He was also president of the Nationales Spielfilmfestival der DDR (English: GDR National Film Festival) on four separate occasions between 1980 and 1990, and he has been a member of the Academy of Arts, Berlin since 1950, where a considerable archive of his works is located.[2] In 1973 he was a member of the jury at the 8th Moscow International Film Festival.[8] In 1979 he was a member of the jury at the 11th Moscow International Film Festival.[9] In 1983 he was a member of the jury at the 33rd Berlin International Film Festival.[10]




  1. ^ Brockmann, Stephen (1 November 2010). A Critical History of German Film. Camden House. p. 215. ISBN 978-1-57113-468-4. Retrieved 28 March 2011.
  2. ^ a b c d e f g h i j "Biography of Kurt Maetzig". film-zeit.de (in German). Archived from the original on 16 July 2011. Retrieved 9 June 2009.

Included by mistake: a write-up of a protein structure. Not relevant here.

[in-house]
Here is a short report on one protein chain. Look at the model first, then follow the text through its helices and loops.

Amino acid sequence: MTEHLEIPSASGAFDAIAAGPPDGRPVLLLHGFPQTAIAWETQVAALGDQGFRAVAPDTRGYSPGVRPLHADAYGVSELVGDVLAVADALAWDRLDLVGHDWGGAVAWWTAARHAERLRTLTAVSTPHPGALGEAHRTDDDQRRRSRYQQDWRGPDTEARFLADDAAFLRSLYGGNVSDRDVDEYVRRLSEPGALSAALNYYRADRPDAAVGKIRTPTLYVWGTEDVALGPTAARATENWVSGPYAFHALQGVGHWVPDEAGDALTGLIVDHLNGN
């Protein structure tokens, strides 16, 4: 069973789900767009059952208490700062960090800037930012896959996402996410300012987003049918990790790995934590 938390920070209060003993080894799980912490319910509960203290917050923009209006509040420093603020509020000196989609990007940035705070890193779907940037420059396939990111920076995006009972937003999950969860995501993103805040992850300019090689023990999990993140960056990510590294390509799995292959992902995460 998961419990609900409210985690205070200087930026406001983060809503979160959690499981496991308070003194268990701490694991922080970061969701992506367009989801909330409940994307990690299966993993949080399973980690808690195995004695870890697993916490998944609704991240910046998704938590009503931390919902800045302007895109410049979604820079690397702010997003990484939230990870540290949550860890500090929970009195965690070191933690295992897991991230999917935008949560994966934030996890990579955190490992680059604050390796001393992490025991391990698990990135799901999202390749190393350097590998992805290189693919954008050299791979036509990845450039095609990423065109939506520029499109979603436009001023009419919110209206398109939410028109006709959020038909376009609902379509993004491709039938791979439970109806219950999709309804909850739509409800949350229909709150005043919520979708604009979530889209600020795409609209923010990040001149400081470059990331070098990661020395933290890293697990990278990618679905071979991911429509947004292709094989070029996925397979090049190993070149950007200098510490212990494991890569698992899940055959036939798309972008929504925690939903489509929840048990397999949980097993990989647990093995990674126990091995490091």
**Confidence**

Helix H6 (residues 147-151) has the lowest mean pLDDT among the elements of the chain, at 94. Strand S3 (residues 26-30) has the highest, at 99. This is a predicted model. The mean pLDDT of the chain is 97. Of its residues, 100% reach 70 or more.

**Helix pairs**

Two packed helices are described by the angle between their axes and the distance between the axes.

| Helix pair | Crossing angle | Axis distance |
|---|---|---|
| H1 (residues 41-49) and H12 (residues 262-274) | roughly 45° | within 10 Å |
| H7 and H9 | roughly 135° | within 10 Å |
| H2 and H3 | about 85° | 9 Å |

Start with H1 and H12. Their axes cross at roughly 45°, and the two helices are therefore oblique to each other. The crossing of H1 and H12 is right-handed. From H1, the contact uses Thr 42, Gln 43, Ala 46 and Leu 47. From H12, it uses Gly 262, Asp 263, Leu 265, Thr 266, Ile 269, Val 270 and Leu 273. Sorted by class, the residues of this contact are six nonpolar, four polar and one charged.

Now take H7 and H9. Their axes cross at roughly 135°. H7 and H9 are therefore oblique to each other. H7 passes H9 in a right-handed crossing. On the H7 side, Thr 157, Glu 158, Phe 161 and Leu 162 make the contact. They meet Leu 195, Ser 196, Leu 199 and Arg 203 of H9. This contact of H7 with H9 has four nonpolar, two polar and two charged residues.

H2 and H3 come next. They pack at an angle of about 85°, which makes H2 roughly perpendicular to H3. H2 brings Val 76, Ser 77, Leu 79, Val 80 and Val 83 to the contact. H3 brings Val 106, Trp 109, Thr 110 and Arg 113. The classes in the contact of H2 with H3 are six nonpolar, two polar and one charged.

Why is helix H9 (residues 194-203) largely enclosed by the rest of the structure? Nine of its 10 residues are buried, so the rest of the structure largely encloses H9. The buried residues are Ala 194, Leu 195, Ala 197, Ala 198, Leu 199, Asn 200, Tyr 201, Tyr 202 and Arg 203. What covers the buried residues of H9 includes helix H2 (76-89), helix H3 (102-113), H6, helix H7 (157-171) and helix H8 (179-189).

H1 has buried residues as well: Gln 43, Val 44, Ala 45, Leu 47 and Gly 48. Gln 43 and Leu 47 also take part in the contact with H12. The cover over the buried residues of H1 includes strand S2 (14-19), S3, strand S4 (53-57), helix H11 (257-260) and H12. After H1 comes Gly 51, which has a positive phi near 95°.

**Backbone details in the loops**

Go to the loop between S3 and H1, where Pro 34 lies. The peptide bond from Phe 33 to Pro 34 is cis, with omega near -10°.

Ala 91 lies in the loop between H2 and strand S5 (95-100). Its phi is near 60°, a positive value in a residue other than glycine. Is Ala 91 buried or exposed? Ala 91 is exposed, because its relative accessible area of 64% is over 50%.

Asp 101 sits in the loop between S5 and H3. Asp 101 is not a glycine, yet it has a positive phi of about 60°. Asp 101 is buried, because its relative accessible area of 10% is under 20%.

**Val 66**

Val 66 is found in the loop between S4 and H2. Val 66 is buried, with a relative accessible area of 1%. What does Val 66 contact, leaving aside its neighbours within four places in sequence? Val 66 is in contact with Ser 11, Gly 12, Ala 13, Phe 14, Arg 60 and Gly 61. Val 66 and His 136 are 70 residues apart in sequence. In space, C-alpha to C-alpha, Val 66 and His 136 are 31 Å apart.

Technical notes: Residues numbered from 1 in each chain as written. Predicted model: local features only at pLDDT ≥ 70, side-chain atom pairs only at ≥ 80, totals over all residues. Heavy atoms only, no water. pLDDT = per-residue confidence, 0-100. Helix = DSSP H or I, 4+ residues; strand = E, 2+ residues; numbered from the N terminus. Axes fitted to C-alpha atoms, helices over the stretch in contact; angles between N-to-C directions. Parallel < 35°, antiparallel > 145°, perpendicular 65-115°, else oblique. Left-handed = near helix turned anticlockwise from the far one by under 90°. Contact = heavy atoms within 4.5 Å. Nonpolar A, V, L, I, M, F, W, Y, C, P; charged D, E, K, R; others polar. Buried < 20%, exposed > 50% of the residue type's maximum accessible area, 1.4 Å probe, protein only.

3. ^ a b c "Maetzig, Kurt | DEFA Film Library". ecommerce.umass.edu. Retrieved 3 May 2020.
  4. ^ a b c d e f "Biography of Kurt Maetzig". kurt-maetzig.de (in German). Archived from the original on 9 October 2008. Retrieved 9 June 2009.
  5. ^ "Festival de Cannes: Die Buntkarierten". festival-cannes.com. Retrieved 9 June 2009.
  6. ^ Berghahn, Daniela (2004), ‘Film Censorship in a “Clean State”: The Case of Klein and Kohlhaase’s Berlin um die Ecke’, in Critical Studies, 22, pp. 111–139.
  7. ^ "Former East German director Maetzig dies at 101". reuters.com. Retrieved 9 August 2012.
  8. ^ "8th Moscow International Film Festival (1973)". MIFF. Archived from the original on 16 January 2013. Retrieved 25 December 2012.
  9. ^ "11th Moscow International Film Festival (1979)". MIFF. Archived from the original on 3 April 2014. Retrieved 14 January 2013.
  10. ^ "Berlinale: 1983 Juries". berlinale.de. Retrieved 14 November 2010.